April 30, 2002 11:00 pm

Flexibility and profitability would be within Eastern Oregon University's grasp should Ballot Measure 10 be approved.

THE MEASURE, referred by the Oregon Legislature to the voters for the May 21 primary, would allow Oregon's public universities to hold and dispose of stock they receive in exchange for the technology they create. The measure could greatly benefit Eastern, and we urge voters to support it.

Another proposal, Ballot Measure 11, would direct more dollars to Oregon Health & Science University for biomedical research. We encourage voters to support that proposal as well.


Currently Oregon's Constitution prohibits the state from subscribing to or being connected to the stock of any company, association or corporation. Measure 10 would allow the universities to hold stock in companies that use the school's research discoveries commercially.

The change would permit Eastern and the other universities to establish relationships with companies interested in investing in research and development projects at the schools. This would allow the universities to profit from products or discoveries that are developed by faculty members.

THE LIKELIHOOD of technological innovations being developed at Eastern will increase when the university's new $33.5 million science center is completed in two years. The center, operated by OHSU, will include a 7,500-square-foot biotech research lab. Measure 10 has the potential to bring in non-tax revenue to assist Eastern in its ongoing efforts.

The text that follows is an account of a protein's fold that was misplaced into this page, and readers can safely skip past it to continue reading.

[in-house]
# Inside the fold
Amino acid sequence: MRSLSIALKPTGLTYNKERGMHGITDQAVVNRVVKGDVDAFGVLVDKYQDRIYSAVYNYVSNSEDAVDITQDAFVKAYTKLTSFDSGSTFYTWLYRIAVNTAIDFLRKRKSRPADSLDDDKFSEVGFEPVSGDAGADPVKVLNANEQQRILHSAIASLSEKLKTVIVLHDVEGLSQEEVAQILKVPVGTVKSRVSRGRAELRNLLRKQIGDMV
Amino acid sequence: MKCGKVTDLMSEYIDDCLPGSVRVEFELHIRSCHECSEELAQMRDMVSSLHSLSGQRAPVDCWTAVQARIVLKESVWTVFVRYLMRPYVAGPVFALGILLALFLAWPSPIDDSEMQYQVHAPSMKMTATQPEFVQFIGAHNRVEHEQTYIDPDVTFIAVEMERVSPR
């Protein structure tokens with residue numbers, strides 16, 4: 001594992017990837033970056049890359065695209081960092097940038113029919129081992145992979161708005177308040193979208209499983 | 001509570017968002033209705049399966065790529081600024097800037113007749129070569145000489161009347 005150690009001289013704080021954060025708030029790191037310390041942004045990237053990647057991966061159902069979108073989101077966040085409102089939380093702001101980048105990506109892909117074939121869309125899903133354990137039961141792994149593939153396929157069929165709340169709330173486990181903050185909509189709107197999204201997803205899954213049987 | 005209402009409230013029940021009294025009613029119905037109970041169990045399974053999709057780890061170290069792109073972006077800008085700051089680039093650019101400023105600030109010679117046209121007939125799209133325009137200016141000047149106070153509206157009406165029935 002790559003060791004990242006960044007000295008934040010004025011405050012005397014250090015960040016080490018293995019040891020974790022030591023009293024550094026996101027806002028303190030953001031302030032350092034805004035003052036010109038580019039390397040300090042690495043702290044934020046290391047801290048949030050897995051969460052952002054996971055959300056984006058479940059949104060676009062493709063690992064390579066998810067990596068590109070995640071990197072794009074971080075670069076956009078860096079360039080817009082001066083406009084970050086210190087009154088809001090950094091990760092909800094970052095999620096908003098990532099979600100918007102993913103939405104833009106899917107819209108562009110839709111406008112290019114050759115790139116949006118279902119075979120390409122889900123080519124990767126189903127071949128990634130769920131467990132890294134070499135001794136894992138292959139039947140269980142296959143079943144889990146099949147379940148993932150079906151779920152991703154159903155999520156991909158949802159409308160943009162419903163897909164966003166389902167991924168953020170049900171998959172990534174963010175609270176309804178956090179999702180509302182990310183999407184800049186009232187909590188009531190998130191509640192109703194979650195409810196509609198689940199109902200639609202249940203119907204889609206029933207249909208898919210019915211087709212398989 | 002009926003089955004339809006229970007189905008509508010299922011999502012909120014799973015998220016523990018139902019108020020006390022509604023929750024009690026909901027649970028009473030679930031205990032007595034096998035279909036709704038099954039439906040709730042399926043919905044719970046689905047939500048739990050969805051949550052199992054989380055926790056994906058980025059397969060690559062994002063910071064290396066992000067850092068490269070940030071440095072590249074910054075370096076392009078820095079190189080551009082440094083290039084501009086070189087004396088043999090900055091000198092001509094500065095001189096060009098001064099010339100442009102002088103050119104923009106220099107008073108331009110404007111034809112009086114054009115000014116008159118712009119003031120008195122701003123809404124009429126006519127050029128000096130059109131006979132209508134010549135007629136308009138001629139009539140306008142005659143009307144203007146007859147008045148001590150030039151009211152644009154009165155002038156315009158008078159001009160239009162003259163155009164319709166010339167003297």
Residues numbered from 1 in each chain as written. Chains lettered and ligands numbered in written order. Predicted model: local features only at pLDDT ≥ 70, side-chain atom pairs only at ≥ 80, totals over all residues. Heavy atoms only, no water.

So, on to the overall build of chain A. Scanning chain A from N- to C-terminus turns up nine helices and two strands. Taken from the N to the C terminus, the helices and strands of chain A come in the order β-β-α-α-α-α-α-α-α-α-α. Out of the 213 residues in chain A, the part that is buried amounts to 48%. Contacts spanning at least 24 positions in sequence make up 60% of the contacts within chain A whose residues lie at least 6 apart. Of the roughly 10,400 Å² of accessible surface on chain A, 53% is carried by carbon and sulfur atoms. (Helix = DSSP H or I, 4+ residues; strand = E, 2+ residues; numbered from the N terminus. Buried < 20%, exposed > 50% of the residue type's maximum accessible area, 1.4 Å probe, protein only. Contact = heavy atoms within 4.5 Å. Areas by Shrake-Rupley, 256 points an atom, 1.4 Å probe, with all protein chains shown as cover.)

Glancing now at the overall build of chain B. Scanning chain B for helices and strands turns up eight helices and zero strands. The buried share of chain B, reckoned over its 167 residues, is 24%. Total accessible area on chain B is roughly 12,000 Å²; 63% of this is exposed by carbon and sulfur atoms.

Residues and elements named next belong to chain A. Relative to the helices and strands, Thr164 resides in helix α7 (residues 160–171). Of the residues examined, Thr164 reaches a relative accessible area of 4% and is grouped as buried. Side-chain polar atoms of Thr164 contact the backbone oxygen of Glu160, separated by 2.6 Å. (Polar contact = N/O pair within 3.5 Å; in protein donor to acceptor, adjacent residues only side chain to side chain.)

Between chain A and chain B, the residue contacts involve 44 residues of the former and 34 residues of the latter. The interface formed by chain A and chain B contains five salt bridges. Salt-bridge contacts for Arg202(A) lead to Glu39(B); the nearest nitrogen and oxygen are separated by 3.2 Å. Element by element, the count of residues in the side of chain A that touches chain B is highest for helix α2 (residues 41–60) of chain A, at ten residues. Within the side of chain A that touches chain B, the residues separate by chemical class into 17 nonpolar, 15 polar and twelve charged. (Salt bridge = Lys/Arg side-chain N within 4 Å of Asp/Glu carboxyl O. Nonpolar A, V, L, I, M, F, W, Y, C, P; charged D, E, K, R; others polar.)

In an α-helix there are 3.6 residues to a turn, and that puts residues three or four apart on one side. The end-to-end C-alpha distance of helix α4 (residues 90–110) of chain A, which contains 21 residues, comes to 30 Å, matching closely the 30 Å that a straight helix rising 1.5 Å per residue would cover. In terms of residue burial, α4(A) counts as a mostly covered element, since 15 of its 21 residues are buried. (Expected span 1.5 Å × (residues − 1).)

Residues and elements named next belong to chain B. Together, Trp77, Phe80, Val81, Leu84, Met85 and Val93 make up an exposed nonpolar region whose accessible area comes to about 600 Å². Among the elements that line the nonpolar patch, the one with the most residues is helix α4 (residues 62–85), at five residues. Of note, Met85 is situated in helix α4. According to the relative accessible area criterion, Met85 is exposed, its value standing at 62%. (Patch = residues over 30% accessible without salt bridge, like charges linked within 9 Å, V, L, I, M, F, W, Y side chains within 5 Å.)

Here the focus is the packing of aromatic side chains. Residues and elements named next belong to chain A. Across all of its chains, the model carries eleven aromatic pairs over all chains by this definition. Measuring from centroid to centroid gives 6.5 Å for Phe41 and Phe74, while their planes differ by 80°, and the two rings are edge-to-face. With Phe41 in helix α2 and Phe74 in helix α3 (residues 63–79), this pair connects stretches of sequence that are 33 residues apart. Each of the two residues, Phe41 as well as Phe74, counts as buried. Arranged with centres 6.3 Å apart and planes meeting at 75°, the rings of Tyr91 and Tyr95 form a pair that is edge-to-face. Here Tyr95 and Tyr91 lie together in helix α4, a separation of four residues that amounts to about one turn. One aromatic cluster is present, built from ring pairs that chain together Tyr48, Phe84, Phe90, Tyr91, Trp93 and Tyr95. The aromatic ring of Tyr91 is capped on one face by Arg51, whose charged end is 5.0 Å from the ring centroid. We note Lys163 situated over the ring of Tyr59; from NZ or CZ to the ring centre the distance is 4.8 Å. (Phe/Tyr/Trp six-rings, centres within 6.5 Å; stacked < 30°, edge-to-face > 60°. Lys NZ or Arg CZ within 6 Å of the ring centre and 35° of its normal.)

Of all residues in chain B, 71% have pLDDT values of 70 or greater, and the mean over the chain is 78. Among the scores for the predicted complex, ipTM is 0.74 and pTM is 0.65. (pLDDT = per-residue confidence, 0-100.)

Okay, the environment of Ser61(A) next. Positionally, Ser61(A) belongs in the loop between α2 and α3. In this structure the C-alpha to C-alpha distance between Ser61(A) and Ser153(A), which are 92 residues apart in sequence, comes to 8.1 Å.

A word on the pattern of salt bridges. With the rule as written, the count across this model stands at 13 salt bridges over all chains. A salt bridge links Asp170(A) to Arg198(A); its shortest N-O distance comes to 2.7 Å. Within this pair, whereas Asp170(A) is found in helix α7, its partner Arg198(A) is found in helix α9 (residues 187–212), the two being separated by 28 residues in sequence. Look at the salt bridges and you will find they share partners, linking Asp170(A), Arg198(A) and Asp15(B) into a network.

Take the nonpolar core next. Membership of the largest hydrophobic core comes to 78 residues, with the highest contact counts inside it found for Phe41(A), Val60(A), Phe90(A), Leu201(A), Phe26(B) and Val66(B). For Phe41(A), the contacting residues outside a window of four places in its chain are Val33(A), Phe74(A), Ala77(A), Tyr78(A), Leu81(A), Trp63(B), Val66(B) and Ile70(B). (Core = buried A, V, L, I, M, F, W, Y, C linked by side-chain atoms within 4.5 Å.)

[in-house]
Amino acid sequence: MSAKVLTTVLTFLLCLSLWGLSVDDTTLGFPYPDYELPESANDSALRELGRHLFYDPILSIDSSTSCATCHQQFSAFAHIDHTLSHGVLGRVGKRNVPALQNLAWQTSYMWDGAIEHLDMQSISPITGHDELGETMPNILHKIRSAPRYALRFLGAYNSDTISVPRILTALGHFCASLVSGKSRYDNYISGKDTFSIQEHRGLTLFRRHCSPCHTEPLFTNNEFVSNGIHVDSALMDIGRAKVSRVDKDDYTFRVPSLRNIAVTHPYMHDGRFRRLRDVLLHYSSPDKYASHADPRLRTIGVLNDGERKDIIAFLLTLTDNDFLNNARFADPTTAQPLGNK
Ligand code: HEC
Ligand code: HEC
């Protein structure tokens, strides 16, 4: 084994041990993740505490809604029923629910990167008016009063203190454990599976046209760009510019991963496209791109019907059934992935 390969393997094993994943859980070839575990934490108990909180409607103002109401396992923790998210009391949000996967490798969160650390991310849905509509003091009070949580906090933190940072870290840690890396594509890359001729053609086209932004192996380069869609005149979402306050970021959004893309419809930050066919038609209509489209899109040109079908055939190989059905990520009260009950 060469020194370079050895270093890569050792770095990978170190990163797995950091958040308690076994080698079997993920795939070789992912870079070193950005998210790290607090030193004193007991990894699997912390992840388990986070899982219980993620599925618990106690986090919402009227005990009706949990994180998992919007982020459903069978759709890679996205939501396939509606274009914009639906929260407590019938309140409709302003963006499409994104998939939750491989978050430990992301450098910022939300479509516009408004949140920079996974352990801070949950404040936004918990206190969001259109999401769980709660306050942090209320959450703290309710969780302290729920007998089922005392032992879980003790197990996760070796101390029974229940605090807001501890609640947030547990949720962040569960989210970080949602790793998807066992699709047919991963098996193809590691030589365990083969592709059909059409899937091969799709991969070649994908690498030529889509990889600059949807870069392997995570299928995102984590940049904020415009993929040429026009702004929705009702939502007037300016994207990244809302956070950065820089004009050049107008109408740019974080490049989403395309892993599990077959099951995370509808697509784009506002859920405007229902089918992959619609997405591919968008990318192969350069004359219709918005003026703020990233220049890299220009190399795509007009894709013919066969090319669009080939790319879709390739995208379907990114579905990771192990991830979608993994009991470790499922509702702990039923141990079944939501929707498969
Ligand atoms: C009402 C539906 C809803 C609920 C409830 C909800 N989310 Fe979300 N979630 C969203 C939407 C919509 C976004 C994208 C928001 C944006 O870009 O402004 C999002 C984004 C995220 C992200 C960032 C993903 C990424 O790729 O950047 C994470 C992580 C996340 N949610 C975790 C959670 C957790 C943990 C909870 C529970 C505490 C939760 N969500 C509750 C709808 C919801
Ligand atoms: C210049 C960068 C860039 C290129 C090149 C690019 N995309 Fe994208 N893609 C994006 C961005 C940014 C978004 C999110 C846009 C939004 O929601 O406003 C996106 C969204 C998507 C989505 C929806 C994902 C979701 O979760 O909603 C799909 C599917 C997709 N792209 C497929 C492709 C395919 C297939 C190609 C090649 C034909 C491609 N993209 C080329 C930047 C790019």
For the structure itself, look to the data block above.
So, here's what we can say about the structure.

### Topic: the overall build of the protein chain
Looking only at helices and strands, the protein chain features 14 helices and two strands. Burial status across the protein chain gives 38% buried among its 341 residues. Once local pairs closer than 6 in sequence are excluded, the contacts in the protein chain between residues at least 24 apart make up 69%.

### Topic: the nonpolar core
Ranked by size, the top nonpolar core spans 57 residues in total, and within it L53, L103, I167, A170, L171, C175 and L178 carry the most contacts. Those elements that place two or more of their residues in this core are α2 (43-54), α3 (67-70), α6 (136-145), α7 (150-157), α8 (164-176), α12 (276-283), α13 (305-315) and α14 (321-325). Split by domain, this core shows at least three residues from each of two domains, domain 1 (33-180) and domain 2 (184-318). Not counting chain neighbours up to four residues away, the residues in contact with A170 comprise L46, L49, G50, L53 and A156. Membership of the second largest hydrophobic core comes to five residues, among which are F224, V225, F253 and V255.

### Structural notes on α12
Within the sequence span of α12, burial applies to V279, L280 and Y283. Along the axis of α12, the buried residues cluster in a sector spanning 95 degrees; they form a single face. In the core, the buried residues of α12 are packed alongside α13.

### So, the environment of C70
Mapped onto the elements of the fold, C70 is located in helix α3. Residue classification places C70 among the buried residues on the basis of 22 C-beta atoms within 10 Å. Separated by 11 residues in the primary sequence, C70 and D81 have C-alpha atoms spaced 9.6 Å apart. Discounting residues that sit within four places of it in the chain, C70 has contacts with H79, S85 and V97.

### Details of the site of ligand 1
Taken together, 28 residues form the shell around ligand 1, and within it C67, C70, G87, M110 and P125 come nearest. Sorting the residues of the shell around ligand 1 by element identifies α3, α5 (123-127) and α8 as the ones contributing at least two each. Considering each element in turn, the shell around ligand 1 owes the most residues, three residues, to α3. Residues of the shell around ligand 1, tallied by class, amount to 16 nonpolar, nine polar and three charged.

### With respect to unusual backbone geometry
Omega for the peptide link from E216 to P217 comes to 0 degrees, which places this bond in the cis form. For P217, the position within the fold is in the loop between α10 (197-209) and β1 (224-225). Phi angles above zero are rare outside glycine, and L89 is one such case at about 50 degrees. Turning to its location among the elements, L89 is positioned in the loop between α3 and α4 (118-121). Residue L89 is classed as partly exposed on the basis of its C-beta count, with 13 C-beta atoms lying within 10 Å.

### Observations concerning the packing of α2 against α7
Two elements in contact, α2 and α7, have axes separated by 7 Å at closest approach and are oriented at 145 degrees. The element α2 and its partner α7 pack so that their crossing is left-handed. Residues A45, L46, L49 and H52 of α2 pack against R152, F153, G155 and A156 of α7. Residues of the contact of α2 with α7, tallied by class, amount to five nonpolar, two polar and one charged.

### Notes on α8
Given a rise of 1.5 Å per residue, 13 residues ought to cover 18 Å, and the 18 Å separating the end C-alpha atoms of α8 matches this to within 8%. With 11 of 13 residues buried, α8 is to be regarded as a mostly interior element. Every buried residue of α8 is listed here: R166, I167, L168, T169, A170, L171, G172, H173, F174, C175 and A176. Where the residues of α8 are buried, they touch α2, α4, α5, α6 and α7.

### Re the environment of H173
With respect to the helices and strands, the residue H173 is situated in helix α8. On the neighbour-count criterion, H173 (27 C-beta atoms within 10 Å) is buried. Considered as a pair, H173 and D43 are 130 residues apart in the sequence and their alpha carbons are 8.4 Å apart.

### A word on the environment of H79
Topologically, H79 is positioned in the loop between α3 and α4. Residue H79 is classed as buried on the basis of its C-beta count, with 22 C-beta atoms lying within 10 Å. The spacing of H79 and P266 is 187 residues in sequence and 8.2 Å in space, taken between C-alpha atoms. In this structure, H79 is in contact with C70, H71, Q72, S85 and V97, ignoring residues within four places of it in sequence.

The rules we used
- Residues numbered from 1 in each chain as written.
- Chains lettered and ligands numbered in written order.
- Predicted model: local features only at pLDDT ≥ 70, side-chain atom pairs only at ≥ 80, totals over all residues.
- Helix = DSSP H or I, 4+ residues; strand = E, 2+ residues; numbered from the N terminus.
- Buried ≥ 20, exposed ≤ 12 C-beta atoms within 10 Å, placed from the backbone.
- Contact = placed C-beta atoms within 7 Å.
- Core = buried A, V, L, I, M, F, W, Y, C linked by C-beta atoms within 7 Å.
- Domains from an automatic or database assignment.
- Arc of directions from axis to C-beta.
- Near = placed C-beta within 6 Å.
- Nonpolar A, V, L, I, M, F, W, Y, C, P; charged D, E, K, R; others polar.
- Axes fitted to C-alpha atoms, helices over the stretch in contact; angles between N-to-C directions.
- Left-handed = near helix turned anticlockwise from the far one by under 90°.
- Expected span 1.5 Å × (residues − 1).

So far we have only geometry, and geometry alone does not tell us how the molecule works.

OHSU, long a partner with Eastern in providing nursing education on the La Grande campus, would benefit directly from the passage of Measure 11. A "yes" vote would allow the state to issue general obligation bonds to finance OHSU medical research capital costs. Currently, more-expensive revenue bonds can be sold for OHSU. The less-expensive general obligation bonds would create up to $35 million more in net proceeds for medical research and biotech opportunities.

Measures 10 and 11 would work to improve biotech research opportunities at OHSU and Oregon's public universities and help institutions like Eastern benefit financially when faculty members make a discovery that has commercial potential. Voters should approve both measures.


Amy Daggett, the 20-year-old woman who was critically injured in a pickup truck-log truck accident on Highway 82 near Island City Dec. 11, has defied the odds by recovering sufficiently to return from Boise to her parents' home in Elgin.

Daggett's homecoming is a tribute to her personal courage, the prayers of many, the love of family and friends and the skills of doctors and other health professionals who have helped her in her recovery. It shows how a team can come together to work wonders.

Welcome home, Amy.